One more time: Clark & Joan

Clark Gable and Joan Crawford , in their eighth and final film together, lead this pack of sinners through a sweltering jungle of lust, murder, and ultimately redemption. He’s a con named Verne, “a thief by profession”, whose several attempts at escape have proved unsuccessful. She’s Julie, a two-bit hooker plying her trade on the island. The pair, as always, crackle like heat lightning with some hard-bitten, racy dialog (Gable: “Supposing I wasn’t a convict? Supposing I was sailing through on my yacht, or a guy selling brushes?” Joan: “Yeah, suppose I was Snow White”). Verne manages to sneak out and into Julie’s boudoir (upstairs from the local saloon, of course!), but the swinish M’sieur Pig, who lusts after Julie, rats him out, forcing Julie off the island by order of the local authorities. Pig is played by Peter Lorre at his creepiest, such a scumbag even Julie won’t sleep with him (“You’re the one man in the world I could never get low enough to touch!”).

Verne’s enemy Moll (the equally scumbaggish Albert Dekker ) has planned a great escape, along with some other unsavory characters ( Paul Lukas , Eduardo Ciannelli , J. Edward Bromberg, John Aldredge). The saintly Cambreau pays his and Verne’s way to join them, but that double-crossing rat Moll conks Verne in the head while he’s asleep (with a shoe!), leaving Verne behind – but not for long, because Cambreau has left behind a map of the escape route inside a Bible! Verne, after rescuing Julie from the clutches of a horny mining camp owner (Bernard Nedell), catches up with what’s left of the cons, and they make their way to a waiting boat. But freedom always comes with a price….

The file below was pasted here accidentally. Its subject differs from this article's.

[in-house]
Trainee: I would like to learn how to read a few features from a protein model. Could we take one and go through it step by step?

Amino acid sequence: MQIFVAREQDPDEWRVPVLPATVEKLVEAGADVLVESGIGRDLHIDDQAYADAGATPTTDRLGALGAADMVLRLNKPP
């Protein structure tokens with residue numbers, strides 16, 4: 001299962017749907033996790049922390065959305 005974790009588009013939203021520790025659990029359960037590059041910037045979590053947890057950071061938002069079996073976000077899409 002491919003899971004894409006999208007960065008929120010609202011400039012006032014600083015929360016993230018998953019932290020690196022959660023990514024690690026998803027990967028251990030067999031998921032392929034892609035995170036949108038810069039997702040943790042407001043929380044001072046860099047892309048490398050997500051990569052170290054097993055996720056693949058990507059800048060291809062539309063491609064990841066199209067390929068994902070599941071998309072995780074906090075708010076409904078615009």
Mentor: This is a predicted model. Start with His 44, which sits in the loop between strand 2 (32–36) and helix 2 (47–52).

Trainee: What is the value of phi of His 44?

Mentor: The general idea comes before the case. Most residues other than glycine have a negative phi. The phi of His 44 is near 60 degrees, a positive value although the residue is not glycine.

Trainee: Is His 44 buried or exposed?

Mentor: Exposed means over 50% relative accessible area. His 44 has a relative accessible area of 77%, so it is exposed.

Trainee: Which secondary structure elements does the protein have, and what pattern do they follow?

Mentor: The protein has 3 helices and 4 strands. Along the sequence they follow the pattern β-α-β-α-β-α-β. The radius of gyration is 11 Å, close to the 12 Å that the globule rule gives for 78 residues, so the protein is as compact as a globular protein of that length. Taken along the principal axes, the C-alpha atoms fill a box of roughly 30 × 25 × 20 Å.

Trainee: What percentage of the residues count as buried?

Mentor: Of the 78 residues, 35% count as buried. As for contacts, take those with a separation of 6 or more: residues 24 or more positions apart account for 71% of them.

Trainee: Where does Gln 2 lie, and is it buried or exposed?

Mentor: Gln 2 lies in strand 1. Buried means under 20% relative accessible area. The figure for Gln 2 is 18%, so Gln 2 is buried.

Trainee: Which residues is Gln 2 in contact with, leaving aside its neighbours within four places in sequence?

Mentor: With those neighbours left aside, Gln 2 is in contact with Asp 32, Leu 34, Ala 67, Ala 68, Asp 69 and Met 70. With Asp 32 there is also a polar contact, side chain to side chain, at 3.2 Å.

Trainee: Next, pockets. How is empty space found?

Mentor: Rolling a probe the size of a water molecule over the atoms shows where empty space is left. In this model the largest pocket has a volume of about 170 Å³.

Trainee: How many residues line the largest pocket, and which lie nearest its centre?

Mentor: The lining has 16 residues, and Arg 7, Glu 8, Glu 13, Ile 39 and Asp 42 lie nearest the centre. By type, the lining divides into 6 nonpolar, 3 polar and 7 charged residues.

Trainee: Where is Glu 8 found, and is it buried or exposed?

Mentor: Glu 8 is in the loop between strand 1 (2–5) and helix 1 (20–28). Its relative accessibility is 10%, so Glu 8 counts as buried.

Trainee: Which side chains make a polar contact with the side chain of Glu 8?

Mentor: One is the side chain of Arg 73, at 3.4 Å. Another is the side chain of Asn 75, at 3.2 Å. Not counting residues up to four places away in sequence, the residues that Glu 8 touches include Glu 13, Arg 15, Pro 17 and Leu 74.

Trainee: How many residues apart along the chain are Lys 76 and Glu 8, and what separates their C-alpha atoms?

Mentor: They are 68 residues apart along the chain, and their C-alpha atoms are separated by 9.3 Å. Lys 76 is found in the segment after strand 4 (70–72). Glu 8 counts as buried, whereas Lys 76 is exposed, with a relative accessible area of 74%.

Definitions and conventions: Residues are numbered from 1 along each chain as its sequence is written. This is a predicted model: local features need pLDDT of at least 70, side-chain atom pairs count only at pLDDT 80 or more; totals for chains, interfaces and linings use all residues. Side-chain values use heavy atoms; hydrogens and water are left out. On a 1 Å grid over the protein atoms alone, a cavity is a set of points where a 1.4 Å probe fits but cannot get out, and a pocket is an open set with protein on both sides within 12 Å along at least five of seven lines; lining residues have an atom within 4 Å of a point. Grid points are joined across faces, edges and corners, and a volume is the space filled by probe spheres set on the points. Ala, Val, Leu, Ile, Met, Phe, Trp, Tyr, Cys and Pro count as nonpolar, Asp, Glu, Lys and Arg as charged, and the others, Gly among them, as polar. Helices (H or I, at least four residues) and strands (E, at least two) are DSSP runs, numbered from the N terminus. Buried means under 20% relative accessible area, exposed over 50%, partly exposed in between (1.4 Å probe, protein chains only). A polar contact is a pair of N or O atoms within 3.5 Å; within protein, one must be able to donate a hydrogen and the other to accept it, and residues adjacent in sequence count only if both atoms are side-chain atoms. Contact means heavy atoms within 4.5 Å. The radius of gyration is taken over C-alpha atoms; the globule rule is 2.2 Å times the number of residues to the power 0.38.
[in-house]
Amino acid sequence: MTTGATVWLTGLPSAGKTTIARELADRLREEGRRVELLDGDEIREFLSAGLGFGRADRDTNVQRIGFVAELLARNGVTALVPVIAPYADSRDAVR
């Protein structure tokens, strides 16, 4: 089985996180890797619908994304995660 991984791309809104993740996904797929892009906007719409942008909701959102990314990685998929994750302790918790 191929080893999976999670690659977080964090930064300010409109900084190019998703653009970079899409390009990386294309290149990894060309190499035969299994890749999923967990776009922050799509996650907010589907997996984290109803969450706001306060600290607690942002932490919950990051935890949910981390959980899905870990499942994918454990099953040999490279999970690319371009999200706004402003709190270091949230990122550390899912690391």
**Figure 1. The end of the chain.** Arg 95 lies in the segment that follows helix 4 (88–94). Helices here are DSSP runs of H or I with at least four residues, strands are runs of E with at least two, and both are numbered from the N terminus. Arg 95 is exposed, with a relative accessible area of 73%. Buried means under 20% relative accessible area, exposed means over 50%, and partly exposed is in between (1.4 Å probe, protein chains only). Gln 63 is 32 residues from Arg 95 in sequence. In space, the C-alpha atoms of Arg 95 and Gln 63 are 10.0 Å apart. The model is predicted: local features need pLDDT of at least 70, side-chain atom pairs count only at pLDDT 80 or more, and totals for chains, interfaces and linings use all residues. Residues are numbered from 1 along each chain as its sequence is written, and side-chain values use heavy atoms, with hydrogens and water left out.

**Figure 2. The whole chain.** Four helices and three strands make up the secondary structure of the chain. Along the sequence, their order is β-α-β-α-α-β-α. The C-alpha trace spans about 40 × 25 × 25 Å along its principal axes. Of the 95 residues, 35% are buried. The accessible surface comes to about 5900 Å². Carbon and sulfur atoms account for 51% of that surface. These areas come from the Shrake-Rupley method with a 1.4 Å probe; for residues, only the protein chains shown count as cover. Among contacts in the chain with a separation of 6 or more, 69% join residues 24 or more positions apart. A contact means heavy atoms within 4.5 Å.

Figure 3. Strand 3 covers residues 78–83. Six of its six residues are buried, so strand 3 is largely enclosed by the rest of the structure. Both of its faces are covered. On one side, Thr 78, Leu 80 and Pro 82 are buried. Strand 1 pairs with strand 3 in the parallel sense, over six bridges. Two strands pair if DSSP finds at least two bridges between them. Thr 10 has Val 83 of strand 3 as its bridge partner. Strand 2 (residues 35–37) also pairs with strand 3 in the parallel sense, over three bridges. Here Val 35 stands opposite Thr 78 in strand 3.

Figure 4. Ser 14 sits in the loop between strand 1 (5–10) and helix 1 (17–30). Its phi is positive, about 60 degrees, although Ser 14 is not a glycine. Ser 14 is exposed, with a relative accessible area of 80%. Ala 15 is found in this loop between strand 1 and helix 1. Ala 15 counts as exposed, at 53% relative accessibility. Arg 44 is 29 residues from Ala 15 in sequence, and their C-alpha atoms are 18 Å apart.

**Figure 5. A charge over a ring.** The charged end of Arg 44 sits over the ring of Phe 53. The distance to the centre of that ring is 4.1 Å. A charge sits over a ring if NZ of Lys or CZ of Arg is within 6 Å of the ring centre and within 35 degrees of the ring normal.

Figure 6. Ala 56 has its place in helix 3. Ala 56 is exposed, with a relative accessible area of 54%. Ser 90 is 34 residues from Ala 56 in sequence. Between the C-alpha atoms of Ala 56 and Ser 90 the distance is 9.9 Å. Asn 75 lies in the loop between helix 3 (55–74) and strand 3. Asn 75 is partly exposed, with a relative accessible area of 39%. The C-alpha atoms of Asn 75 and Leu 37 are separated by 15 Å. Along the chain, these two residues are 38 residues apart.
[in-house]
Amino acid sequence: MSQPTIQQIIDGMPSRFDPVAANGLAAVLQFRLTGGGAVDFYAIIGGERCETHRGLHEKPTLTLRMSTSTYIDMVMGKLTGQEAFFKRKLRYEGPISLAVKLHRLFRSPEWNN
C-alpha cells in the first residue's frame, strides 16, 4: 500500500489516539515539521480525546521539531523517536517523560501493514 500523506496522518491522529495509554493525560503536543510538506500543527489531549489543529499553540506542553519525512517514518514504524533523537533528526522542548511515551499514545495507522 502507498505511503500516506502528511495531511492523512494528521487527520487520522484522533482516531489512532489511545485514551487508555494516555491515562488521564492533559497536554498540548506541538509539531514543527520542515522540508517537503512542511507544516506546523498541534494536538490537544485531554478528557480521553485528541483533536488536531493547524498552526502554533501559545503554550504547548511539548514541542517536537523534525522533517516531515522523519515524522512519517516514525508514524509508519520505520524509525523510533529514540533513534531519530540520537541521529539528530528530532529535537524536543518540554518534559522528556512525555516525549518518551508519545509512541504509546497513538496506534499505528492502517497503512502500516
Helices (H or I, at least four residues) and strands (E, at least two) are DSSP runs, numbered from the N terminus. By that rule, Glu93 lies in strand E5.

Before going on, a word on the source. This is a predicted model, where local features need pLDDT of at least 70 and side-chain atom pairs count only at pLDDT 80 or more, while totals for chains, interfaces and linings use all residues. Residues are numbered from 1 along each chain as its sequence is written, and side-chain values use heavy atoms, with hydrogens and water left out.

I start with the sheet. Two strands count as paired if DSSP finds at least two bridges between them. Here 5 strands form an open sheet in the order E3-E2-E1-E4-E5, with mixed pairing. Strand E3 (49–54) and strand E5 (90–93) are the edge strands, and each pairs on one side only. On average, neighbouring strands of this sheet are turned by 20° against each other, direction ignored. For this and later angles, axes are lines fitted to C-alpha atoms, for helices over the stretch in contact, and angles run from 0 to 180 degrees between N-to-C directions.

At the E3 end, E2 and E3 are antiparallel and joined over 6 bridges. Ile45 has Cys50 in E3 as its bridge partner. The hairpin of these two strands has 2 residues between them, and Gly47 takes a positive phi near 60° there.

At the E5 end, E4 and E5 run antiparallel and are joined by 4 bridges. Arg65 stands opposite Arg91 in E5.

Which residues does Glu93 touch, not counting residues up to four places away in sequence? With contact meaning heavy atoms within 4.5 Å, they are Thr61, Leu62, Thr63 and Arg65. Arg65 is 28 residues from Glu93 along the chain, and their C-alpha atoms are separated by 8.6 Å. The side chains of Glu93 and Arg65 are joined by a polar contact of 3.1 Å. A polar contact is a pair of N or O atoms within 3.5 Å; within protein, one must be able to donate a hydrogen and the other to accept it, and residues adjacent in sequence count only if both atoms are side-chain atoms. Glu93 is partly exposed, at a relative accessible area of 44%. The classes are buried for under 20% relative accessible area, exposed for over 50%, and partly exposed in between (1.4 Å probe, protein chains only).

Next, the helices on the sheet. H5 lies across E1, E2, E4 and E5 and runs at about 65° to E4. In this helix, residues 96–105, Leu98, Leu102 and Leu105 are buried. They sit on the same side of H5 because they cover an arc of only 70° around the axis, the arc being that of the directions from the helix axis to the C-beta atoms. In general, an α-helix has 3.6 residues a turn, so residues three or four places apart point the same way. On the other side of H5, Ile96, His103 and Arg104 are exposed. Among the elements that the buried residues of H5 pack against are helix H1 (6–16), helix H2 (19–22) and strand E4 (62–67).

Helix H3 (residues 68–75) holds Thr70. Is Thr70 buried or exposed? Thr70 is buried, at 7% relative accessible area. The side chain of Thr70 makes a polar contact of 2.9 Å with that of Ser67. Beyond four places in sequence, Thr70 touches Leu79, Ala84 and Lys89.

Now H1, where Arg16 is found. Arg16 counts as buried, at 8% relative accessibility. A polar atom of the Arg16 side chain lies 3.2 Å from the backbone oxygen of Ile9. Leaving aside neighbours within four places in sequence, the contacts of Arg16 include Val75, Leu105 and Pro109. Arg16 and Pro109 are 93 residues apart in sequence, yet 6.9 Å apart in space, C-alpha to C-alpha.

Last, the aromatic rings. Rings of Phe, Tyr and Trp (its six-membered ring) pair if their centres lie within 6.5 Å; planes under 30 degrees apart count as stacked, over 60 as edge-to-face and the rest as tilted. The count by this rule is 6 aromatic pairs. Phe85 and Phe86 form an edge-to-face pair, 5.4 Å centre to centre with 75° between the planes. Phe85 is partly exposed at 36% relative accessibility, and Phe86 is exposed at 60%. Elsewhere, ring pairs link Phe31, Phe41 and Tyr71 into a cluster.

Saint Ian Hunter

Cambreau is played by Ian Hunter , and it’s never fully explained just who he really is, but there are all sorts of clues along the way. He’s always in the right place at the right time, and offers aid and comfort to the sick and dying. The film is loaded with theological and spiritual debates, as when Cambreau comforts the dying Tellez (Ciannelli). Later, when Hessler (Lukas) bids the survivors adieu to search for another rich woman to kill, the two have a sparring match about whether or not they’ll meet again. It’s pretty obvious to me this is God and the Devil talking! Finally, in the scene where Verne loses his cool and knocks Cambreau off the ship, the angelic Cambreau hangs onto a piece of driftwood in the raging sea, arms splayed as if he were on the cross. No wonder the Catholic Legion of Decency got their cassocks all in a bunch!

CONDEMNED: The Legion of Decency protests

Then again, these guys were out to censor just about everything they didn’t think impressionable young minds (or old minds, for that matter) should be exposed to. Formed in 1933, the Legion was even stricter than the Production Code then being enforced by the dour Joseph Breen. A ‘CONDEMNED’ rating from the Catholic Legion of Decency meant certain doom, and they put their black stamp on anything they deemed offensive. Besides the anti-drug films of the era (ASSASSIN OF YOUTH, THE PACE THAT KILLS, REEFER MADNESS ), some other films judged taboo were THE PRIVATE LIFE OF HENRY VIII (divorce), THE OUTLAW (can’t have people staring at Jane Russell’s boobs!), THE MOON IS BLUE (for daring to use the word “virgin”), and BABY DOLL (just fat-out “morally repellent”). Even something as innocuous as 1945’s MOM AND DAD, a Roadshow production promoting sex hygiene, was denounced as being too strong for delicate audiences. The Legion wielded enormous power during their heyday, until the 1960’s rolled around with a new breed of filmmakers determined to make more adult pictures…. for better or worse.